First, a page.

Career Options for an Anthropology Major

An important part of choosing any major is knowing the career possibilities after graduation. We spoke with Department of Anthropology Undergraduate Coordinator, Dr. Sandra Wheeler, and Graduate Program Director, Dr. Scott Branting, to discover what students can do with an Anthropology degree.  

What are some career options for students with Anthropology degrees? 

Anthropologists can be found working in a variety of career paths in academia, business, government and non-profit workplaces. Since anthropology provides students with a holistic and global understanding of people, this opens a wide range of career options for anthropologists. Anthropology also provides students with broad information about our world, and quantitative and qualitative skills critical to success in numerous careers. 

Can students use an Anthropology degree for careers outside of the field? 

Many anthropologists work in jobs without “Anthropology” in the job title. The federal government is the largest employer of anthropologists outside of academia. Anthropologists are employed in fields such as international development, cultural and natural resource management, defense and security sectors and non-governmental organizations such as international health organizations and development banks. Businesses also employ anthropologists to conduct market research and find out how products can be improved for consumers. Anthropologists also work in UX to understand how people interface and experience various software platforms.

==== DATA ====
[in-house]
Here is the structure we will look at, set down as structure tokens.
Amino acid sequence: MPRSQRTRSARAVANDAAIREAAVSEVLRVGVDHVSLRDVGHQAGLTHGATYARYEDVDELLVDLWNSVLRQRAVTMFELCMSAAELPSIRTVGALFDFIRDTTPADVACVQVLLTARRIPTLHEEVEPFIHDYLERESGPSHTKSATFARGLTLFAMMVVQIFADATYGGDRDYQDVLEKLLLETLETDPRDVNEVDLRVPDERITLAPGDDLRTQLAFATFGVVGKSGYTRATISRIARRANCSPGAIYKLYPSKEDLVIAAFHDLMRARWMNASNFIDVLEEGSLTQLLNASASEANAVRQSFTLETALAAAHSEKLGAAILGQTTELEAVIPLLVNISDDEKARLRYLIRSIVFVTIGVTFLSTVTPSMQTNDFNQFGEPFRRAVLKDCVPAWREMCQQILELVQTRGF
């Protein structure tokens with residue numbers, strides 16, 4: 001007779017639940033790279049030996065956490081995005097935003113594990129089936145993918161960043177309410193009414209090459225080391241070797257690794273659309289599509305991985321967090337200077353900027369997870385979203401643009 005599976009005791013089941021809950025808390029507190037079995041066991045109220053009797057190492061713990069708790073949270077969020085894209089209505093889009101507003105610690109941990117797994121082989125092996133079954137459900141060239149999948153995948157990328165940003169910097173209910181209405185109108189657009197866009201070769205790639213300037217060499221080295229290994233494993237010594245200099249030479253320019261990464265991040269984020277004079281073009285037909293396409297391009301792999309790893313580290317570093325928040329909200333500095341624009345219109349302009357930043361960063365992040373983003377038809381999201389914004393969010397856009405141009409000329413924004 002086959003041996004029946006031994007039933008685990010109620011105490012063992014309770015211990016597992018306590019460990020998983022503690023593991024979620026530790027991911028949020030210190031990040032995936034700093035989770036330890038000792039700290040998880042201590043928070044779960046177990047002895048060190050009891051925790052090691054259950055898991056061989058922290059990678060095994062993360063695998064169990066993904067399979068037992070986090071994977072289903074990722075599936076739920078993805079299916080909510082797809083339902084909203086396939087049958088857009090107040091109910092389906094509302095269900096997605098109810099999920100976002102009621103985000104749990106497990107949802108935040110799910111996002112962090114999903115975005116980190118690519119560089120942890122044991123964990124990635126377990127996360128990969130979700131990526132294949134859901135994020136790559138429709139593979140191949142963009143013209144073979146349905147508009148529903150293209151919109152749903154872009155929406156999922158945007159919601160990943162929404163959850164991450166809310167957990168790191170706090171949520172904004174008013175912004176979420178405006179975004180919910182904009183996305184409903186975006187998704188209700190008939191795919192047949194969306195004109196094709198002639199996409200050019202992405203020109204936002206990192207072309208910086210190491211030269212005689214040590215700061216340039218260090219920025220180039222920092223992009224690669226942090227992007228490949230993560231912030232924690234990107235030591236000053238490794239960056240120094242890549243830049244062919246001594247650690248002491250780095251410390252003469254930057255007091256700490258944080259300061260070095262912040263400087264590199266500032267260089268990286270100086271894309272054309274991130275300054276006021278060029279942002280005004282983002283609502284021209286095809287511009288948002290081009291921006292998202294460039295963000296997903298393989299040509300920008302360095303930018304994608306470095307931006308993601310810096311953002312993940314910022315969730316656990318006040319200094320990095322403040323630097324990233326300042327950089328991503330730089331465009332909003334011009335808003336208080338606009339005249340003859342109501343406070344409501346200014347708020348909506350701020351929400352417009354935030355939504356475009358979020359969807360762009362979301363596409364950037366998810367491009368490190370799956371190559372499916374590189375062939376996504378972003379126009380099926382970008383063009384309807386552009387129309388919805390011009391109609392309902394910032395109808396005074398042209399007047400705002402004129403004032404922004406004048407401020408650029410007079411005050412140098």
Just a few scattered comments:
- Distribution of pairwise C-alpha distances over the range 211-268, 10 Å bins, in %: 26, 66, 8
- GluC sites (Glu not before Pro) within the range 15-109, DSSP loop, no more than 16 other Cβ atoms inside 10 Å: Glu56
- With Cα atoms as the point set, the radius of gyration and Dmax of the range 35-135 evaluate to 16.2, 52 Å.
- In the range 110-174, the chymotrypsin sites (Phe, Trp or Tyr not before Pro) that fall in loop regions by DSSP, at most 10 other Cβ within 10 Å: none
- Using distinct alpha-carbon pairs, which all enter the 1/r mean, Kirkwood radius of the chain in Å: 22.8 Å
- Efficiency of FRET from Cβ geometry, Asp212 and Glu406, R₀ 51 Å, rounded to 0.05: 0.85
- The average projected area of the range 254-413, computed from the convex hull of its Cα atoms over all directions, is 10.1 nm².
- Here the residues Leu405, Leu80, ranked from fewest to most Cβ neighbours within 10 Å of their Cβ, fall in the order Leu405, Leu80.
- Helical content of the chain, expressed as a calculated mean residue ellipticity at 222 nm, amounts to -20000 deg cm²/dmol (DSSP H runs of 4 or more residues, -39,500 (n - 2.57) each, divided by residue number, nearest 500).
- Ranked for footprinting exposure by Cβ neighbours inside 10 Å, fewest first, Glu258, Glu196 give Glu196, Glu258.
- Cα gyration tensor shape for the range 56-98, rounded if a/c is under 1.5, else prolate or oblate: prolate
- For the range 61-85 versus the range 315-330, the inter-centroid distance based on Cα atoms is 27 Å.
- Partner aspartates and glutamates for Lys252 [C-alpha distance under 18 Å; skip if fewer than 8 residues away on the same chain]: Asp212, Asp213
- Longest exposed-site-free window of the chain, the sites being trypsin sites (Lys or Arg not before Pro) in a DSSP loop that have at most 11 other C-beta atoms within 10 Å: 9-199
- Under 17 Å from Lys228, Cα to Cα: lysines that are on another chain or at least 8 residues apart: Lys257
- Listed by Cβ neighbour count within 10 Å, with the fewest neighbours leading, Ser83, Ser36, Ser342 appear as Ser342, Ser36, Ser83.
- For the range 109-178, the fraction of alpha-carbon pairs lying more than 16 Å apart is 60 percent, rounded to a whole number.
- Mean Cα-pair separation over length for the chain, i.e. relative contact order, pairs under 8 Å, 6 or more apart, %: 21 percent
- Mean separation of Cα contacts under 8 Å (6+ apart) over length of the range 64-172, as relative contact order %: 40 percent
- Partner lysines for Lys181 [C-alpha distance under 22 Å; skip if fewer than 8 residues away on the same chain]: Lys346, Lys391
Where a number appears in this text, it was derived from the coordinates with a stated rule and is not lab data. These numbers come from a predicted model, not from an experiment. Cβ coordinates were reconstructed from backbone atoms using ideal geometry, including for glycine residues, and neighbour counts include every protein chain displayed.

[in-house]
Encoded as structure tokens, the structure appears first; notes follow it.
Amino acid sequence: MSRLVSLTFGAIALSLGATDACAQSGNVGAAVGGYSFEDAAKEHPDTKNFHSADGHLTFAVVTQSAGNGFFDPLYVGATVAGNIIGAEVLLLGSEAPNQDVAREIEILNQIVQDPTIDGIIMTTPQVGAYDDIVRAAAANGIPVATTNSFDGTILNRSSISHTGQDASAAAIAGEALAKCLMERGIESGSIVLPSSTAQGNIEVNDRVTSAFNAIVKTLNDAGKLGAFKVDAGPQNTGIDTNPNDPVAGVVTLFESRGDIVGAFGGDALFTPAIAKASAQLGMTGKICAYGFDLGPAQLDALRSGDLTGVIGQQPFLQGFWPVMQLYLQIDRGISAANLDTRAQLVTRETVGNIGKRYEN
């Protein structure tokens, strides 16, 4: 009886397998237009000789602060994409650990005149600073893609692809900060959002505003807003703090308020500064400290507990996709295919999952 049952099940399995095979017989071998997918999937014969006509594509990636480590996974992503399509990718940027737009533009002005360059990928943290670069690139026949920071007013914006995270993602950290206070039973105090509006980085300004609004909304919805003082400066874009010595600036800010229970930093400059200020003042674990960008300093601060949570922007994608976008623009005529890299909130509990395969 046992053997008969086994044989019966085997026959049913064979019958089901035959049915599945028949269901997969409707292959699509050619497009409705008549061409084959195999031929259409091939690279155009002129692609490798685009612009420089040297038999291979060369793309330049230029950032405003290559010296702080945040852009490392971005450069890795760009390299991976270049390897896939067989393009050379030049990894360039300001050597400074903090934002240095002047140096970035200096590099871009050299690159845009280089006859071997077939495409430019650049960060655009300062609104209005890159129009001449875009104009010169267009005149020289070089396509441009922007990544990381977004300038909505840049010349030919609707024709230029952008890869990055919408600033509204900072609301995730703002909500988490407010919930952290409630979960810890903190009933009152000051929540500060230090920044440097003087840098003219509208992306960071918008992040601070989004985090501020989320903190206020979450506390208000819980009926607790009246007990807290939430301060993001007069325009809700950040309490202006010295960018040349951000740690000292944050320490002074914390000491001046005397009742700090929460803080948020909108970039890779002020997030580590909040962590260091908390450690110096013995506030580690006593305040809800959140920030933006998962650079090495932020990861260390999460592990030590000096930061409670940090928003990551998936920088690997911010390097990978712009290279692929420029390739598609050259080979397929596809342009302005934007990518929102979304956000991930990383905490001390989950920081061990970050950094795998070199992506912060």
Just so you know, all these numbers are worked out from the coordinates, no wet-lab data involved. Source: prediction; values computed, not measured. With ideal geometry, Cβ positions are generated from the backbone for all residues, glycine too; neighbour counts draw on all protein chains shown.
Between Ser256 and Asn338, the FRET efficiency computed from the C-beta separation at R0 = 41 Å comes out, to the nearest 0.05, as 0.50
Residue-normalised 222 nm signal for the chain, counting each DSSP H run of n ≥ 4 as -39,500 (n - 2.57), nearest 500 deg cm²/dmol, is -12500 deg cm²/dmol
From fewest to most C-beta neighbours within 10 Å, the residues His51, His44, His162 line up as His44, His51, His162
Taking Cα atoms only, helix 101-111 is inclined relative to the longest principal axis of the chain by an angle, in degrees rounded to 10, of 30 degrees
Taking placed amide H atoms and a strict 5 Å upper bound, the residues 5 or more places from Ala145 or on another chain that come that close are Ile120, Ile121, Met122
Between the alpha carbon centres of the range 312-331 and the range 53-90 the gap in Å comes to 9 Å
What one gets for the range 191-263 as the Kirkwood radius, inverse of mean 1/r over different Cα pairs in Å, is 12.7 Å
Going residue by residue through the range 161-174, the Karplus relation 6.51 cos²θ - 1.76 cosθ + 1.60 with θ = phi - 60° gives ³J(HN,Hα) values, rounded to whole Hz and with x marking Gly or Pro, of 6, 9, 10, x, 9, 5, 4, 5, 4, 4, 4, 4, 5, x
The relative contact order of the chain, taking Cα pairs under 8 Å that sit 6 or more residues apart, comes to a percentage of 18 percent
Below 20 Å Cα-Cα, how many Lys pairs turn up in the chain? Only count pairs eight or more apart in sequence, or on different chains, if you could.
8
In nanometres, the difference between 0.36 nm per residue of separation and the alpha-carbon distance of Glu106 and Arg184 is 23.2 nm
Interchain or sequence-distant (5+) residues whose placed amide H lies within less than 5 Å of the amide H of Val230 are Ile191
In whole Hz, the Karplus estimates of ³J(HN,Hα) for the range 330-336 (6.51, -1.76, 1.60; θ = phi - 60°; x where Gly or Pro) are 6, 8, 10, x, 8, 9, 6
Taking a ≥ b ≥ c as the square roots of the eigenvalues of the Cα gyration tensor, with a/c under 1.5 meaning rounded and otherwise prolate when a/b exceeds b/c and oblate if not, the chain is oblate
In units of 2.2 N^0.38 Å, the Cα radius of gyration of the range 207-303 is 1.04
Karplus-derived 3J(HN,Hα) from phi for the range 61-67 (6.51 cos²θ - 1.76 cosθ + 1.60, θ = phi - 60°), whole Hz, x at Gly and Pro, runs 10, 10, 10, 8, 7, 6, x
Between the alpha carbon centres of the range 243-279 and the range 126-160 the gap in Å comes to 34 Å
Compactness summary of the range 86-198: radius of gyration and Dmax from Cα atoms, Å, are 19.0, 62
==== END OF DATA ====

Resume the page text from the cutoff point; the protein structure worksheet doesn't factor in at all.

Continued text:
Why should students pursue an Anthropology degree? 

Anthropology is at its core the study of people in the past and present across the world. It is a holistic, cross-cultural, humanistic and scientific discipline that provides students with workforce skills critical in 21st century workplaces. Cross-cultural understanding, applications of qualitative and quantitative research, use of tools such as GIS and understanding of language all prepare students for the needs of today’s workforce. 

What advice do you have for students beginning their career after graduating with an Anthropology degree? 

Don’t be afraid to sell your anthropological knowledge and skills to potential employers. Many employers do not know how anthropology can contribute to the success of their business or project. The job advertisement might not ask for an anthropologist, but so many jobs require an understanding of people on an international scale. Show them how your anthropological knowledge and skills can help them to succeed. 

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